When Sony’s PlayStation Network service was hacked in April and the company was forced to take it offline until earlier this month, there were many gamers out there that were upset to see it go. Those gamers had been playing online titles for quite some time on their PlayStation 3 devices, and if they didn’t have an Xbox 360, they didn’t have a worthwhile online-gaming experience to turn to.
While all that was going on, I didn’t miss PlayStation Network one bit. I went about my day, playing games as I normally do, and didn’t even think once about PlayStation Network.
Though I’m singling out the PlayStation Network, I could say the same for Microsoft’s Xbox LIVE platform. If the worst occurred and that service was breached, forcing the software giant to take it offline, I wouldn’t have missed it one bit.
See, I don’t like online gaming. I’ve tried it many times in the past, and I’ve found that it’s not for me.
My biggest issue with online gaming is that I simply don’t have the time to dedicate to it to even be good enough to play. When I tried Call of Duty: Black Ops on Xbox LIVE last year, I found myself getting killed with ease by players that have more skill than I think I’d ever be able to build up. For a while, I tried to improve my ability and play more; but after a while, I realized that I didn’t have the time to do it. And after continuing to get killed quickly, I decided that sticking with offline multiplayer with friends was a much better option for me.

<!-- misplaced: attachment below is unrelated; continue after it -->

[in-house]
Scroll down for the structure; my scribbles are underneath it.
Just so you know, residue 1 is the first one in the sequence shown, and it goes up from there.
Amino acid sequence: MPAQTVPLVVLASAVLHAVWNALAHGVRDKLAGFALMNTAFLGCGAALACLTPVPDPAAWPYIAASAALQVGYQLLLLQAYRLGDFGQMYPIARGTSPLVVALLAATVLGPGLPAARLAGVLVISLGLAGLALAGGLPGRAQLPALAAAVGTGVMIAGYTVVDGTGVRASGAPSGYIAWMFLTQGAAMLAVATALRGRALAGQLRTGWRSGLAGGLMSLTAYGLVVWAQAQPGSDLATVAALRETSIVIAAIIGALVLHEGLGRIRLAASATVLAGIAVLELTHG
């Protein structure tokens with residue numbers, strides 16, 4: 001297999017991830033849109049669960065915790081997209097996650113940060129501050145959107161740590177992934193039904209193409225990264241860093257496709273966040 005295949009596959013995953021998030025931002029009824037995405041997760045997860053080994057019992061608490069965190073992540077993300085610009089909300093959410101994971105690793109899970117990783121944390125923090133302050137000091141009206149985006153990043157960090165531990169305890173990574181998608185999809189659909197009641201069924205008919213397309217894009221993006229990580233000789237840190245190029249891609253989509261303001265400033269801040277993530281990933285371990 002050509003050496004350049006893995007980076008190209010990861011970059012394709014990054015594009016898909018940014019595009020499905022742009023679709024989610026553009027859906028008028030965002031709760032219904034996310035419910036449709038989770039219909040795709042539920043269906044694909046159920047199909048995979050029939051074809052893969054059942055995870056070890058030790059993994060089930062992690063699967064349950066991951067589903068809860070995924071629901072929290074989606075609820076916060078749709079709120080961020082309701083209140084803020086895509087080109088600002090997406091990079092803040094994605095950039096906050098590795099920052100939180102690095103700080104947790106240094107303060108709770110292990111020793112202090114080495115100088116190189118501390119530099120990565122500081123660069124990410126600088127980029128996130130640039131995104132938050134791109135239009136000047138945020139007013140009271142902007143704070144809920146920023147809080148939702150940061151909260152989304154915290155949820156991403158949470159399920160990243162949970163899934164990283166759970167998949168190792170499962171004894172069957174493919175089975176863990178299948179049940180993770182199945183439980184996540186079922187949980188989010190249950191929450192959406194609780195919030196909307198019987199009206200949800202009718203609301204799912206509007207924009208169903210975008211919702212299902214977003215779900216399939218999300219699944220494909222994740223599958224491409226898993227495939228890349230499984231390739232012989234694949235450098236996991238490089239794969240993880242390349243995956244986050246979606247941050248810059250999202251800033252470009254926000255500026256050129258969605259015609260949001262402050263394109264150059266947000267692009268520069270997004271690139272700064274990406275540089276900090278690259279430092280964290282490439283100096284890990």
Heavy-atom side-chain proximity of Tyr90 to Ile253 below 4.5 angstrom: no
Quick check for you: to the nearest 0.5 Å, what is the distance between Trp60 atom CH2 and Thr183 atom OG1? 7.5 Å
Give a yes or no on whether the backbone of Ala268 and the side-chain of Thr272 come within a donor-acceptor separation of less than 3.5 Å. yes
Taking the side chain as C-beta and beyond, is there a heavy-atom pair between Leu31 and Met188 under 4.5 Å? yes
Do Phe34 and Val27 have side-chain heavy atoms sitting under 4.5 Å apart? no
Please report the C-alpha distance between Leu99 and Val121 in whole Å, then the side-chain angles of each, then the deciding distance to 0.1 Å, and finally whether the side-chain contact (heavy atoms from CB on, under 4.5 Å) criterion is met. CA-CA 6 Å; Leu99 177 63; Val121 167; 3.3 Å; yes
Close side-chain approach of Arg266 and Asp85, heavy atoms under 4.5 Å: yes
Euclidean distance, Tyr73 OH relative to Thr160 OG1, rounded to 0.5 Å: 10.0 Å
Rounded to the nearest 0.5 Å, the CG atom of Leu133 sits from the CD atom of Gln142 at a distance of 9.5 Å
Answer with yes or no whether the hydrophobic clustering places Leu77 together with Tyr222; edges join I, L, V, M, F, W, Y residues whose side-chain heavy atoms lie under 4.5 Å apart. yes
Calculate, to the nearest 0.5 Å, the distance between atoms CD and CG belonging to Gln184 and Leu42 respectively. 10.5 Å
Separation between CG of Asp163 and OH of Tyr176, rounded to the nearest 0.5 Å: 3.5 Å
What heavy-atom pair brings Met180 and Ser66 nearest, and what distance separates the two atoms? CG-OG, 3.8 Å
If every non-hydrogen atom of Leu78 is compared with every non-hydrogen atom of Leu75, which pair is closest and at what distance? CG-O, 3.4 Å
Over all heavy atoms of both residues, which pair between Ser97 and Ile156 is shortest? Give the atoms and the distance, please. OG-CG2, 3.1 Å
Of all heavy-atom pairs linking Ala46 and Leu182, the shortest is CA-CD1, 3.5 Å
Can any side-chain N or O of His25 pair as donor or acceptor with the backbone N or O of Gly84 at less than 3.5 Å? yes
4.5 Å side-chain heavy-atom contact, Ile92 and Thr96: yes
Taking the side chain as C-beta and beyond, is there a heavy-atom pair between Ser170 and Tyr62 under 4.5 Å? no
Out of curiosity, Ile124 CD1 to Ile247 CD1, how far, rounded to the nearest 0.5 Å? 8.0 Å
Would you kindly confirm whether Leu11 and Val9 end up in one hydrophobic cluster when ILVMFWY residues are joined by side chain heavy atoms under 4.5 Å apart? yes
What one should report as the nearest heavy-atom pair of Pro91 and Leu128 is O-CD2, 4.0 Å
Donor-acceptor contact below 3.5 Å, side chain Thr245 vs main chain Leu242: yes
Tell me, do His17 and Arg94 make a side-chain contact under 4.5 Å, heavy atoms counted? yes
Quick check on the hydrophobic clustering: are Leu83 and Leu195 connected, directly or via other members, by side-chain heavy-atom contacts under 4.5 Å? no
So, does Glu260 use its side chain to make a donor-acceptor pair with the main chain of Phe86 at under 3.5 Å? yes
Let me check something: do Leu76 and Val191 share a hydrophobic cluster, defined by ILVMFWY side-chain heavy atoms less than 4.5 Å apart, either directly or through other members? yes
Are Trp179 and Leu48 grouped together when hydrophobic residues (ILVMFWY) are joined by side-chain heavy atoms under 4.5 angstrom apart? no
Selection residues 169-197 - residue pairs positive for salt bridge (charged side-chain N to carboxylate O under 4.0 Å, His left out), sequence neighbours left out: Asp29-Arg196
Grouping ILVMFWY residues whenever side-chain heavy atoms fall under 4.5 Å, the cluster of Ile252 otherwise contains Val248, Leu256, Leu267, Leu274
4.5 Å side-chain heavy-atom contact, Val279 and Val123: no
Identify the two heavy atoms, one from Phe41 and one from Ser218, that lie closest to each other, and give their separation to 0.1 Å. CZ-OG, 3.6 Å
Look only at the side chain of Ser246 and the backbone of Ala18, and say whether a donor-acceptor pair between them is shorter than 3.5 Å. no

But that’s just one small part of my issue with online gaming. The biggest problem I have with it is the user base. Far too often when I go online to relax and play a few games with others around the world, I find them to be unbearable. They yell, bark orders, taunt, and say some of the most amazingly obnoxious things I’ve ever heard. After just a few minutes of it, I’ve heard enough.
For me, the only way to play online is with some friends. We find a time to get on our consoles and play together. It’s a simple, more-relaxed option that delivers the kind of experience that many folks enjoy when they’re playing with others around the world.
So, although some were upset to see PlayStation Network bite the dust for a month, I wasn’t fazed at all. I thought the move was a smart one on Sony’s part, and I welcomed the company actually doing its part to ensure something like this doesn’t happen again. And all the while, I continued to play games on my PlayStation 3 (and other consoles) just as I did prior to the breach.
I know there are few people who agree with me, but I just don’t see the value of online gaming the way most folks do. As far as I’m concerned, the offline world is a much better place for gamers.
Don Reisinger is a technology and video game columnist. You can see what he's up to each day on Twitter by following him @donreisinger.
The opinions expressed are those of the author and do not necessarily represent those of SlashGear